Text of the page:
In Plein Air at MOCA Tucson, artists challenge norms in paintings, installations, and video works that confront the white gaze that privileges colonizer culture and systems of oppression.
May 14, 2022–February 5, 2023
Museum of Contemporary Art Tucson
Seven contemporary artists counter historical assumptions and aesthetics in the exhibition Plein Air exhibition at the Museum of Contemporary Art Tucson, where their work shatters the colonial gaze and forges new relationships with land. They’re part of a new generation of creatives expanding not only who works in plein air, but also the materiality and meaning of this evolving art practice.
Art historical accounts of Western painting practices typically place the origins of plein air painting, which is titled after a French term for painting outdoors, in the 19th century. Early practitioners included English painter John Constable, followed by French Impressionists such as Claude Monet and Pierre-Auguste Renoir. Many credit the technique’s rise to the invention of tubes of paint, which made it easier to transport and use materials outside the studio.
A small oil painting by Texas-born, New York-based artist KB Jones (Mountain, 2020), which is one of the first works viewers encounter in this exhibition, calls back to those early works. Nearby, watercolor on paper studies convey observations of oil drilling that informed her Intervention (study) created in 2020 using ink, house paint, and crayon on canvas. It’s one of many pieces that amplify the fascinating breadth of materials used in contemporary plein air constructions.
Here, the materiality of two works by California-based artist iris yirei hu are particularly compelling. Hu’s installation I swallowed the sun and cracked the sky. I ate the delight. (2022) features a small sculpted piece of artist-hewn fish leather suspended over a platform where viewers also encounter myriad objects including a rock, a ceramic vessel, a bottle of lichen ink, dyed fabrics, and two upright framed works.
Hu’s approach signals a significant departure from historical plein air painting, in which artists used traditional materials to render replicas of what they saw. Rather than passively painting pastoral scenes, she’s manifesting landscapes born of her own inner world and kinship connections, using a wealth of natural and biological components such as earth, plants, seashells, petrified wood, and her own hair.
But there’s another shift suggested by her work and works by other artists featured here. Collectively, they position land as a co-creator rather than an object to be owned and exploited through extraction, while also challenging the white gaze that privileges colonizer culture and systems of oppression.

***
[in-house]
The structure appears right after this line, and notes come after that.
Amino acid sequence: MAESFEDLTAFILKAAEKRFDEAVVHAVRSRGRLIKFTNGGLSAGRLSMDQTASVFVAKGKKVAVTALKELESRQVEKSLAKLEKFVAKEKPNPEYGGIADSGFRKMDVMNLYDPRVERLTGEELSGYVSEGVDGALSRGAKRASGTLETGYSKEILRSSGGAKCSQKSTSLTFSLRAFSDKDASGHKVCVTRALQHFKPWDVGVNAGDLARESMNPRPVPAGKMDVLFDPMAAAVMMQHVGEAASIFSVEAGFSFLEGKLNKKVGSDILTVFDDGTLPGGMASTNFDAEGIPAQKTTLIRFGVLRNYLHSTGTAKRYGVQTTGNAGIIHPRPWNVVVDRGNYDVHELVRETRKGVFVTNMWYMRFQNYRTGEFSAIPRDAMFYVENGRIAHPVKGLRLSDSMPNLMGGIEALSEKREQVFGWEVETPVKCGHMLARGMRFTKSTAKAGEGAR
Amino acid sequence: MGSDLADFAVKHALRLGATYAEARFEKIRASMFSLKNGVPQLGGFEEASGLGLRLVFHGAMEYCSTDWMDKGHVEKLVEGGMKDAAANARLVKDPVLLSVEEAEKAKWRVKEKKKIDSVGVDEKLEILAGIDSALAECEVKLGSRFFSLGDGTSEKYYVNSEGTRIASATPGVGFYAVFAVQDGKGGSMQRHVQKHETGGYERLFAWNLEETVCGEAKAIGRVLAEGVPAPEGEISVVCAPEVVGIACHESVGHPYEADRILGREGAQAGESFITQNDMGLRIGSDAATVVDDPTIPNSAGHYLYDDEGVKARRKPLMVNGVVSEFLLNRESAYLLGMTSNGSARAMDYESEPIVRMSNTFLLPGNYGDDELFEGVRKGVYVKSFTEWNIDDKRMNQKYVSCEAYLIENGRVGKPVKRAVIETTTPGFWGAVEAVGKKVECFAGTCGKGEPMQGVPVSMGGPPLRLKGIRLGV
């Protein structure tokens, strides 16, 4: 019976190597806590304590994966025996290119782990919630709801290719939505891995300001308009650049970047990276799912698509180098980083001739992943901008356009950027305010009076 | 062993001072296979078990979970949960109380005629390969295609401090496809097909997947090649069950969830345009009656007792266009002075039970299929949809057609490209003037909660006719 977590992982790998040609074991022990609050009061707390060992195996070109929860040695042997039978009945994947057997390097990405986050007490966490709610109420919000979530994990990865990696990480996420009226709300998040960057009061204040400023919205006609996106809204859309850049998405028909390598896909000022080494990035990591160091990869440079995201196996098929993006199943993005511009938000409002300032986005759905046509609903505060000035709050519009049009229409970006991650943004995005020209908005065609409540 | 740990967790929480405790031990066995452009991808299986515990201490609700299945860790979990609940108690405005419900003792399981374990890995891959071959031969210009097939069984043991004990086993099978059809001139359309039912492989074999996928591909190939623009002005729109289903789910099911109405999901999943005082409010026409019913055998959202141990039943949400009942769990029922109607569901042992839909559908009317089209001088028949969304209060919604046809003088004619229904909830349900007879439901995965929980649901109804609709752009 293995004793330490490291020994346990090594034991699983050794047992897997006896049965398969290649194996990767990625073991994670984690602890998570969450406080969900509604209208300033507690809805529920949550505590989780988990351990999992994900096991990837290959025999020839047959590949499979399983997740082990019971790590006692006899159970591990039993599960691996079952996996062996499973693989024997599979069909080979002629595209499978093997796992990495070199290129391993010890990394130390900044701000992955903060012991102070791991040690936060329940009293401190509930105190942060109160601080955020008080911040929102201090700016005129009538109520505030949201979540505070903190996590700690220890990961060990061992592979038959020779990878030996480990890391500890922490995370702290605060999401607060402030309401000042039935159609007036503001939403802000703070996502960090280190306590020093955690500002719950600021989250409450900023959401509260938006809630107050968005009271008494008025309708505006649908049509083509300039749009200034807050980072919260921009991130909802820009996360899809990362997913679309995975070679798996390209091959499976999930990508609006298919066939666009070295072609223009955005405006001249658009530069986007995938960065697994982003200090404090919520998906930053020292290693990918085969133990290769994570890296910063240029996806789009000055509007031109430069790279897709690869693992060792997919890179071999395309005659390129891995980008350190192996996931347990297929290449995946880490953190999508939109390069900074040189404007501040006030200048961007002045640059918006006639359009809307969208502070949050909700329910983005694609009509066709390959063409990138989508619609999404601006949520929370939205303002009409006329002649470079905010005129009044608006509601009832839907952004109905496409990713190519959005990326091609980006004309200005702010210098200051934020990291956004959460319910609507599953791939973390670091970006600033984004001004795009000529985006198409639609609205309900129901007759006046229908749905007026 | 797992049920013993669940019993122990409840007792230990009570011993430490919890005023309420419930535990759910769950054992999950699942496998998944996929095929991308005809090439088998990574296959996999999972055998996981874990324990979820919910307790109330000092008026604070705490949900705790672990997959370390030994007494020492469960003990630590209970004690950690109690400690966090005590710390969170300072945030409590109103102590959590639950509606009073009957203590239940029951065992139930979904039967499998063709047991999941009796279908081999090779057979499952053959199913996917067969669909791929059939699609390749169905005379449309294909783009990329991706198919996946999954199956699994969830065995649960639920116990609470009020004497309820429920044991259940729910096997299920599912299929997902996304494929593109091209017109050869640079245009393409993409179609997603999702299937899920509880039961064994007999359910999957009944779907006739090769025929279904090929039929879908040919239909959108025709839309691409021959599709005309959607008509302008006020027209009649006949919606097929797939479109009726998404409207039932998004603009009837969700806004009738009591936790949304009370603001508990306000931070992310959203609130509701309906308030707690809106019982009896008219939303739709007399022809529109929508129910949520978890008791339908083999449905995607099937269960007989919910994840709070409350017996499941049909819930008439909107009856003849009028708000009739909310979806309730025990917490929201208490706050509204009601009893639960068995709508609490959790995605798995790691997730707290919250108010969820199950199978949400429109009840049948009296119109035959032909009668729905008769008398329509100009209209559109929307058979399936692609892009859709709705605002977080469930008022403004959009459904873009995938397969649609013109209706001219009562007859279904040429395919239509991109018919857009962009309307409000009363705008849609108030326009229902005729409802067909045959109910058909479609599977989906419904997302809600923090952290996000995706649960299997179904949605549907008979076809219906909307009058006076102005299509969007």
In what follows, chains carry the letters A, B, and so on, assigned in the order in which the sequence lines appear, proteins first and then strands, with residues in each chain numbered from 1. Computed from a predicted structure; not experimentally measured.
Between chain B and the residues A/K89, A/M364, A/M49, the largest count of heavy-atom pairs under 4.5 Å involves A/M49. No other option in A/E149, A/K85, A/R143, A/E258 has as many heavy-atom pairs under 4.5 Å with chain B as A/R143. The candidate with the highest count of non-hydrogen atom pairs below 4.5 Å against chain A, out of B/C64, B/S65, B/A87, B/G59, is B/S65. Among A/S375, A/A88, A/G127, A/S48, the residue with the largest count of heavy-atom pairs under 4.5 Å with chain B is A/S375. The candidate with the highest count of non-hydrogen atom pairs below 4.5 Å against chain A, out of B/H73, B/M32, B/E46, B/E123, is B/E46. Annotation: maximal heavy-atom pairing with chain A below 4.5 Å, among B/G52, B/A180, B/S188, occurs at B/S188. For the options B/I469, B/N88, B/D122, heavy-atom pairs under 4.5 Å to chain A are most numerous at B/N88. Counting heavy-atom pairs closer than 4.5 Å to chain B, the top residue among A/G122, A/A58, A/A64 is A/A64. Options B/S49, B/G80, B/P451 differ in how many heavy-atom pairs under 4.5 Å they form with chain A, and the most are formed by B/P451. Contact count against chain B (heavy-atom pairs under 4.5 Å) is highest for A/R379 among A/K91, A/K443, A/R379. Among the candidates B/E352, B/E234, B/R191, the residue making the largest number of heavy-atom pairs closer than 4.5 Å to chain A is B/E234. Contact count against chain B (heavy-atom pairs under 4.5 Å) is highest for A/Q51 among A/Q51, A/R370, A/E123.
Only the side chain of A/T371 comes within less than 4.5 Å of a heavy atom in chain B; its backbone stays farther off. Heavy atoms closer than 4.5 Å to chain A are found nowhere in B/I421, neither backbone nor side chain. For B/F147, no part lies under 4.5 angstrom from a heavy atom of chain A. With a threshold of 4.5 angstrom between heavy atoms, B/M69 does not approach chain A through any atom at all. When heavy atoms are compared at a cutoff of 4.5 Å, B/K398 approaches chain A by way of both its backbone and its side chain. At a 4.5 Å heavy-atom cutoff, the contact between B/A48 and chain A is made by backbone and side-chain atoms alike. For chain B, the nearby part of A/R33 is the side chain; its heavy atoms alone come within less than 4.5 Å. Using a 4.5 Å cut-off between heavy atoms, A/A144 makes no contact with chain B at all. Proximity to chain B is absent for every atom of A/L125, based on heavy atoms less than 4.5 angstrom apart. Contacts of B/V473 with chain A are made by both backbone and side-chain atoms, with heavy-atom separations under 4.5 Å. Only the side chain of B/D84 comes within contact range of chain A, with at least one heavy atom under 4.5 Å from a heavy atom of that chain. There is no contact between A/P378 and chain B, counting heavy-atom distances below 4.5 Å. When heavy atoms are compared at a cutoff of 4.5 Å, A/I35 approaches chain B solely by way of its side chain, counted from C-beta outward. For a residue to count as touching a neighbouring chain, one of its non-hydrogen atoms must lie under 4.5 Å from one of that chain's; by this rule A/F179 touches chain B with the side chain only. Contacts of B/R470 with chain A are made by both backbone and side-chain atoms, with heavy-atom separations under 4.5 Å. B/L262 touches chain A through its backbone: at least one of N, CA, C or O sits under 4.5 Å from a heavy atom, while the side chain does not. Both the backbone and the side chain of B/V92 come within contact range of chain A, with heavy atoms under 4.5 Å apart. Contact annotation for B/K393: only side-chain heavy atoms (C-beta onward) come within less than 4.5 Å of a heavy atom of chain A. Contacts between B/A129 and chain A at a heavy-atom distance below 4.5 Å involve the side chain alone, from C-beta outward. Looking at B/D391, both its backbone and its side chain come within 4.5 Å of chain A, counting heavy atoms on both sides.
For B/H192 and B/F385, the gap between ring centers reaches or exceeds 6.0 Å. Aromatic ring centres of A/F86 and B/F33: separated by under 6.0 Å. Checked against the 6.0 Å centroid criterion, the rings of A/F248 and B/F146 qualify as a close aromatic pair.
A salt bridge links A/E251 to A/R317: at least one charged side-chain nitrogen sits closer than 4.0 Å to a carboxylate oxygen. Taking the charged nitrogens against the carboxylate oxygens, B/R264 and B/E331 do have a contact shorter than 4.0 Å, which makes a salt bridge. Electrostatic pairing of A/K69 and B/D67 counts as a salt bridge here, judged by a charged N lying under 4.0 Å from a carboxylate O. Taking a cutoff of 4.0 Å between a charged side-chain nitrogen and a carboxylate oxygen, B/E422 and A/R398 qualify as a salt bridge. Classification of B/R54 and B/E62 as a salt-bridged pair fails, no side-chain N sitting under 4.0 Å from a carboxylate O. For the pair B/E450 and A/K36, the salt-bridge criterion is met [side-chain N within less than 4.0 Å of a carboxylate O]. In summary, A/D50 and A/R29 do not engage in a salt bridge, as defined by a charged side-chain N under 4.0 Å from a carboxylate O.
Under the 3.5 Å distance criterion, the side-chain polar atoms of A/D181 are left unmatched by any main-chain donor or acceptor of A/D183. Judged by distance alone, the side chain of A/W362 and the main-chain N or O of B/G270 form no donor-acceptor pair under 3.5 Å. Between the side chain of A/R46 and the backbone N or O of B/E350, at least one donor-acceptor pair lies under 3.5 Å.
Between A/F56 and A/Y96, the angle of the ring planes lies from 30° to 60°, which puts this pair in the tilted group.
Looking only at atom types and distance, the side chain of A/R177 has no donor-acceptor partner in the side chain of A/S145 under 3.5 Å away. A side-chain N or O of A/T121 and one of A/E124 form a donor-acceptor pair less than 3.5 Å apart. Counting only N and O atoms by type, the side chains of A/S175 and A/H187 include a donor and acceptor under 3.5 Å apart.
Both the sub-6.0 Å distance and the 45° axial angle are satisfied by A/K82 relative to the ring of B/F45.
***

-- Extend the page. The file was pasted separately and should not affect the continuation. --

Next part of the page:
Paula Wilson, a Black female artist born in Chicago and based in New Mexico, shows two pieces that powerfully counter reductive, homogenous perspectives with complex layers of form, color, texture, and pattern. Plein Air includes Wilson’s Salty + Fresh, a 2014 video conceived as the origin story of a painting, which was filmed on the “colored only” Virginia Key Beach in Florida.
The exhibition also includes How Mora, New Mexico Stopped Fracking, a 2022 acrylic-on-canvas painting by Esteban Cabeza de Baca, a California-born artist based in Queens, New York who counters linear, monolithic perspectives in part by mingling landscape, graffiti, and pre-Columbian imagery. Along one side of the canvas, he’s written text in all capital letters that read “green New Deal is possible” and “ban fossil fuels,” which hint at the environmental activism at play in both his own work and this art show as a whole.
Plein Air was organized by California-based curator and researcher Aurora Tang, who serves as program manager for the Center for Land Use Interpretation in Los Angeles. The exhibition highlights several artists whose constructions are rooted in research rather than the romanticism that drove so many early plein air proponents.
Those artists include Hillary Mushkin, an artist and researcher based in California who’s showing works from her 2020-22 series Incendiary Traces: Survey to Surveillance that includes a trio of photographic prints showing the boundary between Mexico and the United States at different points in time, as well as an accordion-style artist book displayed on a shelf and several drawings exhibited inside a glass-covered table.
Similarly, the New York-born and California-based artist Sterling Wells homes in on a particular site with their Infructescence (2020/2022) installation comprising a video filmed in a forest recreation area, which is positioned near a mixed-media construction consisting of a watercolor-on-board painting and objects found at the site.
Much like the invention of paint tubes allowed earlier artists to render landscapes through direct experience, video technology is helping contemporary artists create new iterations of plein air methodologies. Three videos by Tucson-based artist Susanna Battin are included here, along with objects reflecting the ways people’s relationships with land are impacted by visual culture.
Clearly, these artists are pushing far beyond the historical conventions of plein air painting, applying their own agency to the task of transforming a significant art historical tradition while delivering a profound cultural critique of contemporary landscapes both interior and exterior.